I’m pleased to announce that Professor Louis Sirico of Villanova University Charles Widger School of Law is the 2016 winner of the Burton Award for outstanding contributions to legal-writing education.
Professor Sirico is a long-time and staunch supporter of legal-writing education and of legal-writing teachers and is admired for his work in the field.
He is also, by the way, a graduate of The University of Texas School of Law. Well done, Lou!
Wordiness would cover most of the concision techniques discussed in this series, such as omit needless details, deflate compound prepositions, and remove redundancy, but now let’s focus on commonly used phrases you can almost always shorten:
- prior to becomes before
- subsequent to becomes after
- adjacent to becomes next to
- a number of becomes many
- at the present time becomes now
- at such time as becomes when
- despite the fact that becomes although
- during such time as becomes while
- for the purpose of becomes to
- in excess of becomes more than or over
- in the event that becomes if
- notwithstanding the fact that becomes although
- on a daily [monthly, yearly] basis becomes daily [monthly, yearly]
To achieve concision, edit for wordiness—and then reduce big words while you’re at it:
- adequate number of becomes sufficient
- sufficient becomes enough
There is no rule against splitting infinitives, and writing authorities have said so for decades. But the myth and the practice persist. The authors of the next three sentences believe you cannot place an adverb between to and the verb in an infinitive. But would you write these sentences?
Electronic filing makes it easier for courts to locate instantly and focus on relevant portions of documents.
- “to locate instantly and focus”? Confusing.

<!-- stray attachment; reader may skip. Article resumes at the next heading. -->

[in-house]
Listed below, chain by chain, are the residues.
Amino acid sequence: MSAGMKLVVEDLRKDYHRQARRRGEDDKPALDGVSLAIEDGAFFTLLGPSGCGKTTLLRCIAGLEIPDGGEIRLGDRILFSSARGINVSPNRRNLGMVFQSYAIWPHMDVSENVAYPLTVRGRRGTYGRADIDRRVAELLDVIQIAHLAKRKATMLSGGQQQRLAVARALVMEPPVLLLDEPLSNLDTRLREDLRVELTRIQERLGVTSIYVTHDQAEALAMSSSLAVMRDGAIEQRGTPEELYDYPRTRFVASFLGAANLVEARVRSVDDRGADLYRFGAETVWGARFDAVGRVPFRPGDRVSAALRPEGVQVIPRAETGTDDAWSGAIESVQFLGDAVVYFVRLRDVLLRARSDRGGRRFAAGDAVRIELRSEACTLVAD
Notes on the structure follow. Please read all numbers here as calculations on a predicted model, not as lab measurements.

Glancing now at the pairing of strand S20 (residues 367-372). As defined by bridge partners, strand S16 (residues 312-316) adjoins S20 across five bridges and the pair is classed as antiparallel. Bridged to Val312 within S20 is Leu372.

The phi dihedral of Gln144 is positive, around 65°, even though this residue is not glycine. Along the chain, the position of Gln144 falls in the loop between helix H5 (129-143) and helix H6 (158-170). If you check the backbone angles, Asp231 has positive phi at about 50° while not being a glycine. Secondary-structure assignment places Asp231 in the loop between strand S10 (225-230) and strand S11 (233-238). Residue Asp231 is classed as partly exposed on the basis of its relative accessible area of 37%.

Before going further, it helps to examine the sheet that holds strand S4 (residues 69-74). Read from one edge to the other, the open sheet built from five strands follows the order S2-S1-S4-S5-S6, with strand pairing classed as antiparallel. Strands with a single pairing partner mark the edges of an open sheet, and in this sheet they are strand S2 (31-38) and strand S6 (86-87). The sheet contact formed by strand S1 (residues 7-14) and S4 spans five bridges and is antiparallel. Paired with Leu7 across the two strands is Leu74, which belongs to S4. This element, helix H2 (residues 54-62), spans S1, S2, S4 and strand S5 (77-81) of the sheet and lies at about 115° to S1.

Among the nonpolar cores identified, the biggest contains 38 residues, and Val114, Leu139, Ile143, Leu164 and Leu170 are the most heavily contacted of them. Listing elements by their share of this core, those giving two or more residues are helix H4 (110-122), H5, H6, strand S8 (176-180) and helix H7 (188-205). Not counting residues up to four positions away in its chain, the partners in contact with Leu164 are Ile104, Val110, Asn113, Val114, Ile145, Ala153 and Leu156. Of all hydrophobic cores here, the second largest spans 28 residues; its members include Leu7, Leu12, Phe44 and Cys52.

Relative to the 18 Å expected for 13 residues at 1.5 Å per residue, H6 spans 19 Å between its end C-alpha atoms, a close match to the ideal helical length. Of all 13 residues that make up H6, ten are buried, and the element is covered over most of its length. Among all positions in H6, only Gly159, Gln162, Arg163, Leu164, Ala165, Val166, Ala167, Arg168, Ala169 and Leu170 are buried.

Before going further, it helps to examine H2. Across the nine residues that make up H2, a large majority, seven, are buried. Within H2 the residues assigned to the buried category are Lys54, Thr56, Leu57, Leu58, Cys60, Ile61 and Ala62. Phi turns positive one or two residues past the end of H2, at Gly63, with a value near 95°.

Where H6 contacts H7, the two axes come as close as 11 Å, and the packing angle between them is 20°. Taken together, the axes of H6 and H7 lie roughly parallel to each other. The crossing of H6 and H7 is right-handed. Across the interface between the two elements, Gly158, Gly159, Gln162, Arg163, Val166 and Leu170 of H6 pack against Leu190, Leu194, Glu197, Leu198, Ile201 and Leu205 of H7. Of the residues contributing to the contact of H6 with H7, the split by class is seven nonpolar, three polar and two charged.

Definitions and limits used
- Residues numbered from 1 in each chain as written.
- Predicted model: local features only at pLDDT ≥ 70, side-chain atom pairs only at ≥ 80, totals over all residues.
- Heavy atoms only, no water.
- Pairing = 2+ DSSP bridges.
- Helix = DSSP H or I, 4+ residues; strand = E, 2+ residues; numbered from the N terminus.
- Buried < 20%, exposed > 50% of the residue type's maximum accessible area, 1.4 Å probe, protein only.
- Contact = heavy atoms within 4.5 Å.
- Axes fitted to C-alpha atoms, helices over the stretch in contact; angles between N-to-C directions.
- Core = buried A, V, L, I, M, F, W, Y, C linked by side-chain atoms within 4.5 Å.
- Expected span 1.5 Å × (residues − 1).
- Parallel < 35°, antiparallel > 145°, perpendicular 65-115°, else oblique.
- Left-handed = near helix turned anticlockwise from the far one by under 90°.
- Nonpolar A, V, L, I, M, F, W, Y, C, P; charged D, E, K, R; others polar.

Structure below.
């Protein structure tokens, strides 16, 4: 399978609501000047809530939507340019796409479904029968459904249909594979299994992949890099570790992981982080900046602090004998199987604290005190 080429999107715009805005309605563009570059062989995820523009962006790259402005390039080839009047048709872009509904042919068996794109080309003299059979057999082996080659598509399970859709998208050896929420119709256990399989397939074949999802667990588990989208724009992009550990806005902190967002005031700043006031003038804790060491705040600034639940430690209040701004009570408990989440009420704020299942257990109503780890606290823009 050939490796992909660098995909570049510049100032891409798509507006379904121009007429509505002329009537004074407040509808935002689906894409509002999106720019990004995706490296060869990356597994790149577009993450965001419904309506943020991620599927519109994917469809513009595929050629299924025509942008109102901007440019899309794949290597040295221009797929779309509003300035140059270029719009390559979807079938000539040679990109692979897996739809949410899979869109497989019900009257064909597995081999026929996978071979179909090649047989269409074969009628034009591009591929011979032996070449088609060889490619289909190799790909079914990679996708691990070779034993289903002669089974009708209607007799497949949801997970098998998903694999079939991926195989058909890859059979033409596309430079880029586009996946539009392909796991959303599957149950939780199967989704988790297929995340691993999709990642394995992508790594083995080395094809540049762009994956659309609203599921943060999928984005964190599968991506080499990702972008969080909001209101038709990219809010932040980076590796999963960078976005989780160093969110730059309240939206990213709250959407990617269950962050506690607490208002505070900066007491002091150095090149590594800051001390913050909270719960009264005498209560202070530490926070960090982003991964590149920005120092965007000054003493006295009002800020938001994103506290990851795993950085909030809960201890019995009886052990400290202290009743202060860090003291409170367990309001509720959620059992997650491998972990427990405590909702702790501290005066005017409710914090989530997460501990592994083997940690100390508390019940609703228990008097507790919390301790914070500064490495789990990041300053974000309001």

The resulting hyperlinked brief allows the judge reviewing it on a desktop computer or a mobile device to access quickly identified portions of the record.
- “to access quickly identified portions . . .” Miscue.
Modern computer screens fail to recreate adequately certain tactile experiences.
- “to recreate adequately” Awkward.
Don’t write this way. I wouldn’t. And I probably would have spelled it re-create.
What advice would you give a new lawyer about legal writing?
I’ll be writing and presenting on this question in February, and I’d appreciate your views.
I think of things like “develop good editing habits,” “try to get drafts done early,” and “read a reference book once in a while.” But I’d like to hear from practicing lawyers.
Regular readers know that I keep comments disabled because I get thousands of spam comments. But the comments are open for this.
A period walks into a bar and comes to a full stop.
A semicolon walks into a bar; almost no one recognizes it.
A question mark walks into a bar?
Two quotation marks “walk” into a bar.
An apostrophe mistakenly walks into it’s own bar, but the apostrophe meant to go to another owners bar.
A comma splice walks into a bar, it orders a drink and then leaves.
Two independent clauses walk into a bar, however they fail to get properly separated and run on into each other.
A dangling modifier walks into a bar. After finishing a drink, the bartender asks it to leave.
Because a fragment walked into a bar.
An ellipsis walks into a bar and …
An infinitive walks into a bar and decides to quickly split.
A non-restrictive clause walks into a bar which was a mistake.
A bar is a place a preposition can walk into.
A spell-checker woks in to a bar.
A synonym strolls into a tavern.
An exclamation mark skips into a bar!
A bar was visited by the passive voice.